Cover image for Feb. 28, 2020: What did you learn this week?

Feb. 28, 2020: What did you learn this week?

nickytonline profile image Nick Taylor (he/him) ・1 min read

It's that time of the week again. So wonderful devs, what did you learn this week? It could be programming tips, career advice etc.

Reading a book in windy conditions

Feel free to comment with what you learnt and/or reference your TIL post to give it some more exposure.


Summarize a concept that is new to you.

And remember, if something you learnt was a big win for you, then you know where to drop it as well.πŸ‘‡πŸ‘‡πŸ»πŸ‘‡πŸΌπŸ‘‡πŸ½πŸ‘‡πŸΎπŸ‘‡πŸΏ

Little kid on Jeopardy answering a question correctly


Editor guide

This is probably embarrassing but I'm sharing anyway: I learned a GitHub fork is basically just a branch. I've always re-forked other people's repos to work on them again. Turns out, you can just rebase in your existing fork like on your own local repos:

$ git remote add upstream https://github.com/someone_elses/repository.git
$ git fetch upstream
$ git checkout master
$ git rebase upstream/master 

Done! None of these steps are new concepts for me, at all, I just never put two and two together in this context somehow. I would imagine pretty much everyone does it this way instead of the caveman-like nonsense I was up to before. Thanks, StackOverflow. Never leave me.


I learned (am still learning) that building and managing a startup is much more different and difficult than just building a side project only you'll be using. You have to market yourself, get new users registered, keep them happy, and constantly ask for feedback. I'm still adjusting to all of this.

It's at debugg.me


For this week I focused learn how to hardening Linux operating system and docker/container internal system, I confused when first started, but when I learn more deep, I can understand why we need hardened system on our production server and how docker and other container system work(in internal, not just shell) ...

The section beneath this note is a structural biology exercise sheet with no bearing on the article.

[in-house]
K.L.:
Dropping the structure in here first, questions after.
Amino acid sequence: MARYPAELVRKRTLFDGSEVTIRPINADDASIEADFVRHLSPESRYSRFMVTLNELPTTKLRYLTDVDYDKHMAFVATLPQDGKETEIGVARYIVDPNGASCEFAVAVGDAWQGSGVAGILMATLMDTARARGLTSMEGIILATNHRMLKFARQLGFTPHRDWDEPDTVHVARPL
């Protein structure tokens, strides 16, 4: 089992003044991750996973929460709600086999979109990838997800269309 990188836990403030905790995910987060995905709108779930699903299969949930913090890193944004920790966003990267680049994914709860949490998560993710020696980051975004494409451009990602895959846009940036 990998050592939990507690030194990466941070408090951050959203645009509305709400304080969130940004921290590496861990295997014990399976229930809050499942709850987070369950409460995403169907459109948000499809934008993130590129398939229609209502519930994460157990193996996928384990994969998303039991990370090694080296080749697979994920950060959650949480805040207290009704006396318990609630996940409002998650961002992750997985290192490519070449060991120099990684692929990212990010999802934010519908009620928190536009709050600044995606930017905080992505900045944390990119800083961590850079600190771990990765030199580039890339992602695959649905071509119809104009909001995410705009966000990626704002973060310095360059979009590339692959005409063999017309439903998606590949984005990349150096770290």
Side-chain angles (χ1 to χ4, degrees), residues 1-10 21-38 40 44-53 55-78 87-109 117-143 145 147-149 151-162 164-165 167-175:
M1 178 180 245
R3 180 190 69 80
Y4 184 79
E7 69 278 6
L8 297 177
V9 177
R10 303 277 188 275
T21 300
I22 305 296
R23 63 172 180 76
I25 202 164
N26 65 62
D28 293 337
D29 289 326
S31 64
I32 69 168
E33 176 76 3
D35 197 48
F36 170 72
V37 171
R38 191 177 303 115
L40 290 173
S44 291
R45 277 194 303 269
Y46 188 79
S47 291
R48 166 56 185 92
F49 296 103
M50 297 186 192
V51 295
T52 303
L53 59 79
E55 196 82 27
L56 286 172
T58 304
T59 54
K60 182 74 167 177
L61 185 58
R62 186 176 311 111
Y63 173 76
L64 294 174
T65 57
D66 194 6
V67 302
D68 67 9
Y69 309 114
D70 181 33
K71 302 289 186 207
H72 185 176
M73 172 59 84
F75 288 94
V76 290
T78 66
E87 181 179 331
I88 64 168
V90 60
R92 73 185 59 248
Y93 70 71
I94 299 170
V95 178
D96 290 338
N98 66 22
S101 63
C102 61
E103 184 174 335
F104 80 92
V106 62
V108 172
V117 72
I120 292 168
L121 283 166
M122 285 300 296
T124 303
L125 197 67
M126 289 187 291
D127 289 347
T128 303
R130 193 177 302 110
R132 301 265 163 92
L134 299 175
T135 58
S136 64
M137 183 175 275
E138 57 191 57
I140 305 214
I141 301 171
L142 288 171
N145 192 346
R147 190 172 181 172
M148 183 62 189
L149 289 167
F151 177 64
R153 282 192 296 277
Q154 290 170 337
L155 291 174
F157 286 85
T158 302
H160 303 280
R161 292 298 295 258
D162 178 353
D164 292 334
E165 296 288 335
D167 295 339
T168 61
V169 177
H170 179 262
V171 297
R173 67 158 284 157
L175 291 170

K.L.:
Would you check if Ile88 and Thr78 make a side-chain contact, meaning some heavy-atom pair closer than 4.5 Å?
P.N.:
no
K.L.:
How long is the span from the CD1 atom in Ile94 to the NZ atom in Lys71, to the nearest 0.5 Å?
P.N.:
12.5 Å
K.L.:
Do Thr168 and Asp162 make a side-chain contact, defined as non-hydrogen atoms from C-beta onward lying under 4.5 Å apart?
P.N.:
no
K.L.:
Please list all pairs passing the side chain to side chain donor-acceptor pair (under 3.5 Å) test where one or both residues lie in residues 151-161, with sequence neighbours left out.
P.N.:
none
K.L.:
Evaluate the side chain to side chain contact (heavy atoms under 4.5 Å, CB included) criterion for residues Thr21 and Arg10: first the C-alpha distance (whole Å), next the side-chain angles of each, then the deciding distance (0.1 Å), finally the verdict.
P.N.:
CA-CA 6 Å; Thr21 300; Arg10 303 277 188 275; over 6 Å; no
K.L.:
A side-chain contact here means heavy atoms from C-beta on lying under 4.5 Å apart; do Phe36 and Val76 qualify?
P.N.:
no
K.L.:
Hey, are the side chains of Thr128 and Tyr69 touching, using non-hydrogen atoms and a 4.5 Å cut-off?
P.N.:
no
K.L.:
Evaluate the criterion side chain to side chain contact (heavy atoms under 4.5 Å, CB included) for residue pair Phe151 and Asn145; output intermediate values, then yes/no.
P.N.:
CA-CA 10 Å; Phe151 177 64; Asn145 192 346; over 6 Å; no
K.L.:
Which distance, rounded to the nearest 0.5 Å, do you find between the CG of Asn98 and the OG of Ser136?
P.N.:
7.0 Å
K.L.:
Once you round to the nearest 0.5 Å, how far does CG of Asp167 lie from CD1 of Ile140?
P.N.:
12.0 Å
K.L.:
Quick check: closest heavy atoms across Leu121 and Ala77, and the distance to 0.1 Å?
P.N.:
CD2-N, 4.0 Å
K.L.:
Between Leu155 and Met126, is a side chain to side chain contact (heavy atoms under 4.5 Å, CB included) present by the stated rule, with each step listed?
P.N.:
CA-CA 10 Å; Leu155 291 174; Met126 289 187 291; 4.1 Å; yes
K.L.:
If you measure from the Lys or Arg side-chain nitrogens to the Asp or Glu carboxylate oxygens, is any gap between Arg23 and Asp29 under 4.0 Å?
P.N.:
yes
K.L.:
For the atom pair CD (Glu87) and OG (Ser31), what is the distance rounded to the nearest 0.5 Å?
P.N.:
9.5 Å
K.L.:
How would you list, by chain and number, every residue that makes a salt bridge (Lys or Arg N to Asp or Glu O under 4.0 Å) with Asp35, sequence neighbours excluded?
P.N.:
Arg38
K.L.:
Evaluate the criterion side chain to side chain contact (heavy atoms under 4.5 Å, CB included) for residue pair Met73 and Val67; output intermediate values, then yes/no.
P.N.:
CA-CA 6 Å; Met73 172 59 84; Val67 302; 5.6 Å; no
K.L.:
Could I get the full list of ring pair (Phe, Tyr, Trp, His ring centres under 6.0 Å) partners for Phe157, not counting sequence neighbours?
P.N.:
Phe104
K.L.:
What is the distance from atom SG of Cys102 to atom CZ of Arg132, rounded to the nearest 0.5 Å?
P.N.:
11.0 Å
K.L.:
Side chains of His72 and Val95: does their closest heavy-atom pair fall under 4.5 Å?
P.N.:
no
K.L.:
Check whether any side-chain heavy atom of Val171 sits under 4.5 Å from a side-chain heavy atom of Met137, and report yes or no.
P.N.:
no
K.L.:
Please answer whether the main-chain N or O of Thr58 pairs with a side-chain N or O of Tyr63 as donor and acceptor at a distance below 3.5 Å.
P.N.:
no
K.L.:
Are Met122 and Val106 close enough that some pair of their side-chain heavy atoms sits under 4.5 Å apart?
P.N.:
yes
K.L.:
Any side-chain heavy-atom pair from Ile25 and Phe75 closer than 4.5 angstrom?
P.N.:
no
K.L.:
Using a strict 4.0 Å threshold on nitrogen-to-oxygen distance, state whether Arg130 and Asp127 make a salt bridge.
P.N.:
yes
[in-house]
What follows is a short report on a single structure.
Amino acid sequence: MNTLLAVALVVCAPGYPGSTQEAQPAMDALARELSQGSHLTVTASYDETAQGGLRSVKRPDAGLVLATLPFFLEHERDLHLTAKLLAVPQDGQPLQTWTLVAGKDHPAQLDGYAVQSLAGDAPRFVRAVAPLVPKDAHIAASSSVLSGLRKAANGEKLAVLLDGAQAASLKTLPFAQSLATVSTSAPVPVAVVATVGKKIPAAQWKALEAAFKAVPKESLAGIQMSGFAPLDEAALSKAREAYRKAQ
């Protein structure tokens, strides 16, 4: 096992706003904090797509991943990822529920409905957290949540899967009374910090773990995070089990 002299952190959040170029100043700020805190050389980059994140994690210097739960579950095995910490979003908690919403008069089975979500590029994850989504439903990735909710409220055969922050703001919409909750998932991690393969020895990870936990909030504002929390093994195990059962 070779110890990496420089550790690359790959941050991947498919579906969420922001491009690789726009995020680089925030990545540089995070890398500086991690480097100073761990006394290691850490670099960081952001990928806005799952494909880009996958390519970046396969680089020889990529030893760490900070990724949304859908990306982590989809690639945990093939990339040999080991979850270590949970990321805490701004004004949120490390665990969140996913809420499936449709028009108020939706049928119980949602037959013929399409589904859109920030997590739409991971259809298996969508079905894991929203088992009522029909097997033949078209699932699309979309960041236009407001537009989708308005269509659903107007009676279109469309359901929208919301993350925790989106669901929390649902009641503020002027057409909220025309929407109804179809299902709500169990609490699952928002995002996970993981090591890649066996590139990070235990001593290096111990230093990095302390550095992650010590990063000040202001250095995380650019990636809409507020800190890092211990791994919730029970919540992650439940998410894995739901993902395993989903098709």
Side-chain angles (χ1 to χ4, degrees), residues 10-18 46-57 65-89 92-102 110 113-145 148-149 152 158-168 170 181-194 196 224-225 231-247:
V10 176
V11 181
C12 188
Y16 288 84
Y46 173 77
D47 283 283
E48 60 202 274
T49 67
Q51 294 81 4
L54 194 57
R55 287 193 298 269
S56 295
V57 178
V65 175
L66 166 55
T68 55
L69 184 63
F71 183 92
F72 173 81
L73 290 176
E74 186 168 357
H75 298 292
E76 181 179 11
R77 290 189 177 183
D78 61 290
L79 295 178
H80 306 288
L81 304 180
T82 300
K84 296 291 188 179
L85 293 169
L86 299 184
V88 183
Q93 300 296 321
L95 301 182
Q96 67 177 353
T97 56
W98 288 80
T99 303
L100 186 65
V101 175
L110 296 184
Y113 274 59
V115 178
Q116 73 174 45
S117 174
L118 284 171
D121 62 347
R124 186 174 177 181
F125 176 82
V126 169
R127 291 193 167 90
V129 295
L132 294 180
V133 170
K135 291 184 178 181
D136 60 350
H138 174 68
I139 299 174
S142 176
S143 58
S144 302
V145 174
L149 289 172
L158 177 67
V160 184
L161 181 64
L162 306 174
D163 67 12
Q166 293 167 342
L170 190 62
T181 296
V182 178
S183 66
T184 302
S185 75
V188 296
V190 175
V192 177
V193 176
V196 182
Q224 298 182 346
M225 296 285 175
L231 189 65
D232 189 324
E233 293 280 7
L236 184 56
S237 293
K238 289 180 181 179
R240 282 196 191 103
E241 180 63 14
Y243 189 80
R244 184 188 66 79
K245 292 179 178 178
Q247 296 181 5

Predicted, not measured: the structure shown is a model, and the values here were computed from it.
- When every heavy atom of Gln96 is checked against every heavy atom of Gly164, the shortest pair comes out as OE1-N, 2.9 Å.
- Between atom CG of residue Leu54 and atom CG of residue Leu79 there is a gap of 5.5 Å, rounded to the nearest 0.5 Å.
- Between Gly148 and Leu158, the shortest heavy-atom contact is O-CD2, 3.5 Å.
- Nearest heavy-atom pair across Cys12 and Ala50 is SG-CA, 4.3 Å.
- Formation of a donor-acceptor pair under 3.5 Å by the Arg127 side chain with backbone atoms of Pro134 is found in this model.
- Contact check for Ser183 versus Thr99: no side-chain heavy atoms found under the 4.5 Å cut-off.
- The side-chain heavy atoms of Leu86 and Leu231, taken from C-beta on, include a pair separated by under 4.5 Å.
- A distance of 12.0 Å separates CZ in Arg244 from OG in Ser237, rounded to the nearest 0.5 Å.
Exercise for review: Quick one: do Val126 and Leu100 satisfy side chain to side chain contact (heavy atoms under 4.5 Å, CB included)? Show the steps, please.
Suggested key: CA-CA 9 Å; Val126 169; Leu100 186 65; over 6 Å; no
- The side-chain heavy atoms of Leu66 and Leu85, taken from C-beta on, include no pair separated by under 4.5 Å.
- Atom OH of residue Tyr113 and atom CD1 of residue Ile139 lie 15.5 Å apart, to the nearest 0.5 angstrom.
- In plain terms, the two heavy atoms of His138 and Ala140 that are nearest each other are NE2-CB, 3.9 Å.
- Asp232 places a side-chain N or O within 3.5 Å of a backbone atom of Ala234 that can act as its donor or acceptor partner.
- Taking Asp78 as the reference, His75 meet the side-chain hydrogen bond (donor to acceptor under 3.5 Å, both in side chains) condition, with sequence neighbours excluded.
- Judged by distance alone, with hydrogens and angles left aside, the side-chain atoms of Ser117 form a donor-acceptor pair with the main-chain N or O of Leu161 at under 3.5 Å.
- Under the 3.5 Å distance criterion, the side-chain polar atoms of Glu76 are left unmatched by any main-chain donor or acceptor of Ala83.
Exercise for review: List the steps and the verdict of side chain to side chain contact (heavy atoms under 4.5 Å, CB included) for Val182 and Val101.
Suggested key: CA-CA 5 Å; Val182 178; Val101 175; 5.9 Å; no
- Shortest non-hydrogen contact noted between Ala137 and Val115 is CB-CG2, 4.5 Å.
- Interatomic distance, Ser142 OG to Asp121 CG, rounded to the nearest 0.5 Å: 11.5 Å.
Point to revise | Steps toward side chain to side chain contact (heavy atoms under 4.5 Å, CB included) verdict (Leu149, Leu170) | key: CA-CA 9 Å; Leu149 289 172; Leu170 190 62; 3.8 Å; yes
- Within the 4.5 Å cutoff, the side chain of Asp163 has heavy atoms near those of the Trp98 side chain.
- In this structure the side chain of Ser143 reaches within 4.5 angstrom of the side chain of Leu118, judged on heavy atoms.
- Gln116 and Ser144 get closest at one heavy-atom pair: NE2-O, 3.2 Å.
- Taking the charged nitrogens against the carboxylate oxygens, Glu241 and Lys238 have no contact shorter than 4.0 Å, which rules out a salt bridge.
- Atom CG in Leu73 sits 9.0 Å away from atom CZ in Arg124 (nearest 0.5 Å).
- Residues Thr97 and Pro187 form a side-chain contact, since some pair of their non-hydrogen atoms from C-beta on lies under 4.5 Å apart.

I learned that Windows 10 has a "dark mode" and now my life is ever so slightly better (and darker).


I got the chance to attend Australia's first ReactConf, and I think I learned a lot!

One of the coolest for me was model-based testing, which I had never heard of before, but I am keen to give it a go at some point in the future.


Getting my side project to Angular 9 and took the time to write an article about why you should do that too πŸ’ͺπŸ’ͺ


Awesome! What are the benefits of using Angular 9?


To make it short, smaller bundle, better runtime performance and template type checking. Here's the full article in case you want to take a look dev.to/thisdotmedia/this-is-why-yo...

That's Awsome article! Thanks a ton for sharing.

  • Looking for some open-source projects to start contributing .
  • Angular is on the way but React is best😍.

Consider contributing to the DEV codebase! 😎

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I learned more on Chrome dev tools and it has a dark mode.


Learned to use Profiler (rbspy) in RubyMine, which helped me find what was slowing down my code (and it was - suprisingly - array.uniq taking waaay to long)


Giving an attempt to working with Hadoop and Spark, really interesting stuff so far!